Re: Harddrive install question : size?

Discussion in 'Gateway' started by Ben Myers, Aug 14, 2009.

  1. Ben Myers

    Ben Myers Guest

    Larry wrote:
    > Insatalled a 160gb wd in a gateway MX6440 laptop and all i see is 149gb
    > totel size with 145gb free. how do i get the full drive?
    > Thanks Larry


    It all depends on how you do the math. But no matter what, 1K does not
    equal 1000. But then there's Microsoft math, a leftover from the days
    when assembly programmers would save some clock cycles by avoiding a
    time-consuming divide by 1000. Instead, they shifted the number right
    10 bits (or dropping the rightmost 10 bits, if you'd rather)... Ben Myers
     
    Ben Myers, Aug 14, 2009
    #1
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  2. Ben Myers

    Ken Whiton Guest

    *-* On Fri, 14 Aug 2009, at 00:12:36 -0500,
    *-* In Article <Xns9C66E1EE2B9FDLarrynospammenet@216.196.97.130>,
    *-* Larry wrote
    *-* About Re: Harddrive install question : size?

    > Ben Myers <> wrote in
    > news:h62r1n$bq3$-september.org:


    >> Larry wrote:
    >>> Insatalled a 160gb wd in a gateway MX6440 laptop and all i see is
    >>> 149gb totel size with 145gb free. how do i get the full drive?
    >>> Thanks Larry


    >> It all depends on how you do the math. But no matter what, 1K does
    >> not equal 1000. But then there's Microsoft math, a leftover from
    >> the days when assembly programmers would save some clock cycles by
    >> avoiding a time-consuming divide by 1000. Instead, they shifted
    >> the number right 10 bits (or dropping the rightmost 10 bits, if
    >> you'd rather)... Ben Myers


    > Thanks Ben ! So 149 is the full size!. It would help if they just
    > used real numbers. You see 160 but it's a illusion.


    I wouldn't call it an illusion. It's the difference between
    decimal (powers of 10 - 10, 100, 1,000, 10,000, etc.) and binary
    (powers of 2 - 2, 4, 8, 16, 32, 64, etc.) math. In decimal math,
    kilo- is 1,000. In binary math the closest power of 2 is 1,024, so
    that came to be known as kilo- as the closest approximation.
    Unfortunately, as you go up the scale, the difference becomes much
    greater.

    Decimal Binary

    KiloByte (KB) 1,000 Bytes 1,024 Bytes
    MegaByte (MB) 1,000,000 " 1,048,576 "
    GigaByte (GB) 1,000,000,000 " 1,073,741,824 "

    Hard drive manufacturers use decimal numbers to measure the
    capacity of drives, so your 160 GB drive is 160,000,000,000 bytes.
    Computers are binary devices (1/0, +/-, yes/no, however you want to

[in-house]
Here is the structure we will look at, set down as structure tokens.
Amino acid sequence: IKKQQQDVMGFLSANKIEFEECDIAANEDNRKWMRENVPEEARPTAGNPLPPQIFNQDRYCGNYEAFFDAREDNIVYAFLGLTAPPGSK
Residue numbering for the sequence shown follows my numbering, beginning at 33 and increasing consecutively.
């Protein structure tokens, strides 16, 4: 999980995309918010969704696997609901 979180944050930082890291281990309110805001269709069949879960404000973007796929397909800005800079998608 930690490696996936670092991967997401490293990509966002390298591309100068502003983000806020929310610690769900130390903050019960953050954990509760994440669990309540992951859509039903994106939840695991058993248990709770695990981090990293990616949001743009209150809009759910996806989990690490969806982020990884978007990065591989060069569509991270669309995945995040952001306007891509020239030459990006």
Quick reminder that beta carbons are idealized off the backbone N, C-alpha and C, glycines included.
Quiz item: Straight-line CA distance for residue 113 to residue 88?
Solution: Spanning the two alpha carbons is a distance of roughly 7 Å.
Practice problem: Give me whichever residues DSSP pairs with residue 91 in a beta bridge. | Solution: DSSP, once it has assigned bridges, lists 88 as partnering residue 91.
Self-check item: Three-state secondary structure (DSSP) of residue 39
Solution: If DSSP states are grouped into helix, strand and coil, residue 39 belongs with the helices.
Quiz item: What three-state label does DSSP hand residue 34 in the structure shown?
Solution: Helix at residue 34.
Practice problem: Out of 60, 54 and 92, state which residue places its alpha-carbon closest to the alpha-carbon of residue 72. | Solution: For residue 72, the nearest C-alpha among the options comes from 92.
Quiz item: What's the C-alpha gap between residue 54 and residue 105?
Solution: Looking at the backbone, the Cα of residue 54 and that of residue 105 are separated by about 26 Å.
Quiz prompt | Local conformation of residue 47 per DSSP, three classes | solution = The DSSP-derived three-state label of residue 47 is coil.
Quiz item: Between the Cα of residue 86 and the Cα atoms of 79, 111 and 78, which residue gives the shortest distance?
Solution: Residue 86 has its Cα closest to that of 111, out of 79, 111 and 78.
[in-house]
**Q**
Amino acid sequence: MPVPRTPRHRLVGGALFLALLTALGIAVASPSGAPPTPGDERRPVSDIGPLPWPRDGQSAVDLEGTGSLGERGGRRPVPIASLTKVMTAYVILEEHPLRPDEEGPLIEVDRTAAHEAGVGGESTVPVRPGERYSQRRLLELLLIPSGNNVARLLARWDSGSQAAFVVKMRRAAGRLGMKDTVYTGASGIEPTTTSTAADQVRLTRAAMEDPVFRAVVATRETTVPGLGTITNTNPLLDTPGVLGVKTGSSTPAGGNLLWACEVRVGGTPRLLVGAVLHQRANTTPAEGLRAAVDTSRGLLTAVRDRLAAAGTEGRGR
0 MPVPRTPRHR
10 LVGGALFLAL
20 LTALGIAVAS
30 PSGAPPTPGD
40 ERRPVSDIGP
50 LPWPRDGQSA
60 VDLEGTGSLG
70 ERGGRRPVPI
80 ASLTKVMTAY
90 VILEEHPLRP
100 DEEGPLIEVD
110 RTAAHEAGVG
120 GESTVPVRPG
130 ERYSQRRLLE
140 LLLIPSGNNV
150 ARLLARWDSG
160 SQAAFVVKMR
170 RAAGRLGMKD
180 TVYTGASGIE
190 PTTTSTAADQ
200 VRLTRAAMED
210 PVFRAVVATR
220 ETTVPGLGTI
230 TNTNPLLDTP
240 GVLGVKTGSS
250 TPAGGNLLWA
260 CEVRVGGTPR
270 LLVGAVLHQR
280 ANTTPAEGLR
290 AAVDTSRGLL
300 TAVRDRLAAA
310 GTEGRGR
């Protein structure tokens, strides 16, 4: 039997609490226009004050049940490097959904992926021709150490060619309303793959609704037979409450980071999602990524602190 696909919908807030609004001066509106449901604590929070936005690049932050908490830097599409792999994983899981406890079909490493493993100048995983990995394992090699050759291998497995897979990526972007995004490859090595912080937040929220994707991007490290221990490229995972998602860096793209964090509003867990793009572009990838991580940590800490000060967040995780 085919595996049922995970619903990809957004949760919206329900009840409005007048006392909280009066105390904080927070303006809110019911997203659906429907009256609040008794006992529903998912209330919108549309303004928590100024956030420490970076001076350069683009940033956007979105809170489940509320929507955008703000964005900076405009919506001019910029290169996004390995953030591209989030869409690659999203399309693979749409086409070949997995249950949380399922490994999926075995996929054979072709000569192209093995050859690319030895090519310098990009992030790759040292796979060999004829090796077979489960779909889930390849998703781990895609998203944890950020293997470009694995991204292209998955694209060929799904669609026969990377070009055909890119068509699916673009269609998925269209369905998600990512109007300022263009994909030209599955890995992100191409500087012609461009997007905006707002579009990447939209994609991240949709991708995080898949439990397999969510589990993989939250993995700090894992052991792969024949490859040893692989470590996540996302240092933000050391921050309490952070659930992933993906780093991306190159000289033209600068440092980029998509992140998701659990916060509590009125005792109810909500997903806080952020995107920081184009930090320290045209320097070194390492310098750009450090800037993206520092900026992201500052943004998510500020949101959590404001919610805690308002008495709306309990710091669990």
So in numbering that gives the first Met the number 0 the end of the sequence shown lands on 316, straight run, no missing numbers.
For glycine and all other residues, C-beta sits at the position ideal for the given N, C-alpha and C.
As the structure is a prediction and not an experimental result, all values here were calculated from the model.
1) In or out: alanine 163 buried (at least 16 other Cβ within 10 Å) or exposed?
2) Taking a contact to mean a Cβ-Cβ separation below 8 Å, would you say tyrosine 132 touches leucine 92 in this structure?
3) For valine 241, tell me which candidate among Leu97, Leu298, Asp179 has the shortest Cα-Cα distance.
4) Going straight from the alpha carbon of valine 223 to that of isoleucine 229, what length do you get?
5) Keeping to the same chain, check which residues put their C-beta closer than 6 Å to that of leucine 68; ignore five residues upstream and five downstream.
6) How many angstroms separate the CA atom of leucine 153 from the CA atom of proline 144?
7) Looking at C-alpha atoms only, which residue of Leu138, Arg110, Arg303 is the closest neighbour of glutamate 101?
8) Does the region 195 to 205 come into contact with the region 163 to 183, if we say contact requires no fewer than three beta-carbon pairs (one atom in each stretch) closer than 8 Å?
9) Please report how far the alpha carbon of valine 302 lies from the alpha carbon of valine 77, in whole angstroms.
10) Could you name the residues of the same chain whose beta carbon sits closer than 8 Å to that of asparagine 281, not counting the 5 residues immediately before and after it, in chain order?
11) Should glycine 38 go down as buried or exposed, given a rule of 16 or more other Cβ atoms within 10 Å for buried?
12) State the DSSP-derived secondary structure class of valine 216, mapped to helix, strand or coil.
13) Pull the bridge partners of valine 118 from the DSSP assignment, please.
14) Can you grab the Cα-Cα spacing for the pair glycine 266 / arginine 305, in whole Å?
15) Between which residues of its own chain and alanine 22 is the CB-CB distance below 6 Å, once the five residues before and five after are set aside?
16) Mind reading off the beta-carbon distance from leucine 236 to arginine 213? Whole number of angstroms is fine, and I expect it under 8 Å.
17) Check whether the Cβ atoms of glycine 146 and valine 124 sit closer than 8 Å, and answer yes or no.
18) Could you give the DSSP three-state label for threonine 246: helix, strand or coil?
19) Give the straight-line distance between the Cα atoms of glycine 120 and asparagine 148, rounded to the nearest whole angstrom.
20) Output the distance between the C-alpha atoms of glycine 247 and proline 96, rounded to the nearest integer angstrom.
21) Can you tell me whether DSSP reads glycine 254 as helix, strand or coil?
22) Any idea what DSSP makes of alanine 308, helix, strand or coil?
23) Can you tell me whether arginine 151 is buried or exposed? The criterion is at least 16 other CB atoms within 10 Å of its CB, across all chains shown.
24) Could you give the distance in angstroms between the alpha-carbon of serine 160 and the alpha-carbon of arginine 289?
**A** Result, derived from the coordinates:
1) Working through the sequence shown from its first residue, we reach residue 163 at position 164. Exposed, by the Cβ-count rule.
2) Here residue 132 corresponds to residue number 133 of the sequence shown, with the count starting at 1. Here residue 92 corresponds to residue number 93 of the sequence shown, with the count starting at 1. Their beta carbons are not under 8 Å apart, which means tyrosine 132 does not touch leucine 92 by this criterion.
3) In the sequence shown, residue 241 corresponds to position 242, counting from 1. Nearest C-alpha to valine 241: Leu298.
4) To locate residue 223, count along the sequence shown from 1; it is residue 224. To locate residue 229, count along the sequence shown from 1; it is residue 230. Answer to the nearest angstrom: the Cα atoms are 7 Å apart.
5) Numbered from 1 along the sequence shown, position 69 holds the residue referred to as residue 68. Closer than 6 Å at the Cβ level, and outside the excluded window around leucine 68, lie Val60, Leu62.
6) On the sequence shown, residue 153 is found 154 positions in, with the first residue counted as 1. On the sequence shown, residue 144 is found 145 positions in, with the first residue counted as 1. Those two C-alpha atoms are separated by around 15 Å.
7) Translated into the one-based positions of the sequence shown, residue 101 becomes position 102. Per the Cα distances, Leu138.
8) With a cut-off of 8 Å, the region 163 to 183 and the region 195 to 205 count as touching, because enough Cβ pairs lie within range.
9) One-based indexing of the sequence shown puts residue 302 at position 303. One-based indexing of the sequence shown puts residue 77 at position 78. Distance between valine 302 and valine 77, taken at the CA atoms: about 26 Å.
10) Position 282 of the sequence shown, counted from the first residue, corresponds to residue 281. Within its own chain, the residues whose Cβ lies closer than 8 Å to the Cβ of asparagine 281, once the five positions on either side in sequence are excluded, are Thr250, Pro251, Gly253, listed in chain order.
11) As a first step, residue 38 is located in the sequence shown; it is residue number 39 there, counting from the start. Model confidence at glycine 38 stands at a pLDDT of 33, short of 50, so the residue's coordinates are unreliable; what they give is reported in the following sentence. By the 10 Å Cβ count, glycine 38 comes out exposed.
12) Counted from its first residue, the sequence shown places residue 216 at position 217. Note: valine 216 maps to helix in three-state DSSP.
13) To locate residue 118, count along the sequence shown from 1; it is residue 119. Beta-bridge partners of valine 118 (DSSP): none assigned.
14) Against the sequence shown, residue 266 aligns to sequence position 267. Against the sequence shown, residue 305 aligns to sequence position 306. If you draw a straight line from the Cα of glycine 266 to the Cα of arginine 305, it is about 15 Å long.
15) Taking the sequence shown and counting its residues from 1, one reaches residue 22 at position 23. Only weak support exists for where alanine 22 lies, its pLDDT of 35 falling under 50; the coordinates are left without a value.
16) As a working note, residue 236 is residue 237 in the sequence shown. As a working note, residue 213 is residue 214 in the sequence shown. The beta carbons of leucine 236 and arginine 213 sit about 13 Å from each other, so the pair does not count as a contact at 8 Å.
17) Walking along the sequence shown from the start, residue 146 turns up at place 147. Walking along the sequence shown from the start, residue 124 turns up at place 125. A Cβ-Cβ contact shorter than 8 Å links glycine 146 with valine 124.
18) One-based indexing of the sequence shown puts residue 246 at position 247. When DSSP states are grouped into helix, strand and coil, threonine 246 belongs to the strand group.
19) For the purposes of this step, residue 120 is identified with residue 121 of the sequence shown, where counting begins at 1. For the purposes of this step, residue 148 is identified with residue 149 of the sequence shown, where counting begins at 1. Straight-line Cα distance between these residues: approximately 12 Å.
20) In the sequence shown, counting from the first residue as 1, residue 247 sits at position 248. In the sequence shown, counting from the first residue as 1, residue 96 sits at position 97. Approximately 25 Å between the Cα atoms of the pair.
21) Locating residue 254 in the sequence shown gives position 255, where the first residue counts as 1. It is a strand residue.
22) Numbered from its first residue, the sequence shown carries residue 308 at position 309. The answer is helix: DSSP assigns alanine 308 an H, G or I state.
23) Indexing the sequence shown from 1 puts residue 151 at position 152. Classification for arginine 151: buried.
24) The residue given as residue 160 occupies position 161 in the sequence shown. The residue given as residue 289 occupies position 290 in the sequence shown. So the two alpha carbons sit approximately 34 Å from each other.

think of the process), so they "see" hard drives in binary terms, so
    your computer sees that "160 GB" drive as
    160,000,000,000/1,073,741,824 (or 149.0116) GB. The same relationship
    applies to all hard drives (and other storage devices) whether OEM,
    replacement, or whatever. As you can see from this example,
    manufacturers measure capacity decimally because it allows them to
    claim a larger capacity for a given size drive, and years ago, when
    the practice started, the differences weren't as significant.

    > Thanks Larry


    You're welcome.

    Ken Whiton
    --
    FIDO: 1:132/152
    InterNet: (remove the obvious to reply)
     
    Ken Whiton, Aug 14, 2009
    #2
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  3. Ben Myers

    BillW50 Guest

    In news:,
    Ken Whiton typed on Fri, 14 Aug 2009 02:32:42 -0400:
    > I wouldn't call it an illusion. It's the difference between
    > decimal (powers of 10 - 10, 100, 1,000, 10,000, etc.) and binary
    > (powers of 2 - 2, 4, 8, 16, 32, 64, etc.) math. In decimal math,
    > kilo- is 1,000. In binary math the closest power of 2 is 1,024, so
    > that came to be known as kilo- as the closest approximation.
    > Unfortunately, as you go up the scale, the difference becomes much
    > greater.
    >
    > Decimal Binary
    >
    > KiloByte (KB) 1,000 Bytes 1,024 Bytes
    > MegaByte (MB) 1,000,000 " 1,048,576 "
    > GigaByte (GB) 1,000,000,000 " 1,073,741,824 "
    >
    > Hard drive manufacturers use decimal numbers to measure the
    > capacity of drives, so your 160 GB drive is 160,000,000,000 bytes.
    > Computers are binary devices (1/0, +/-, yes/no, however you want to
    > think of the process), so they "see" hard drives in binary terms, so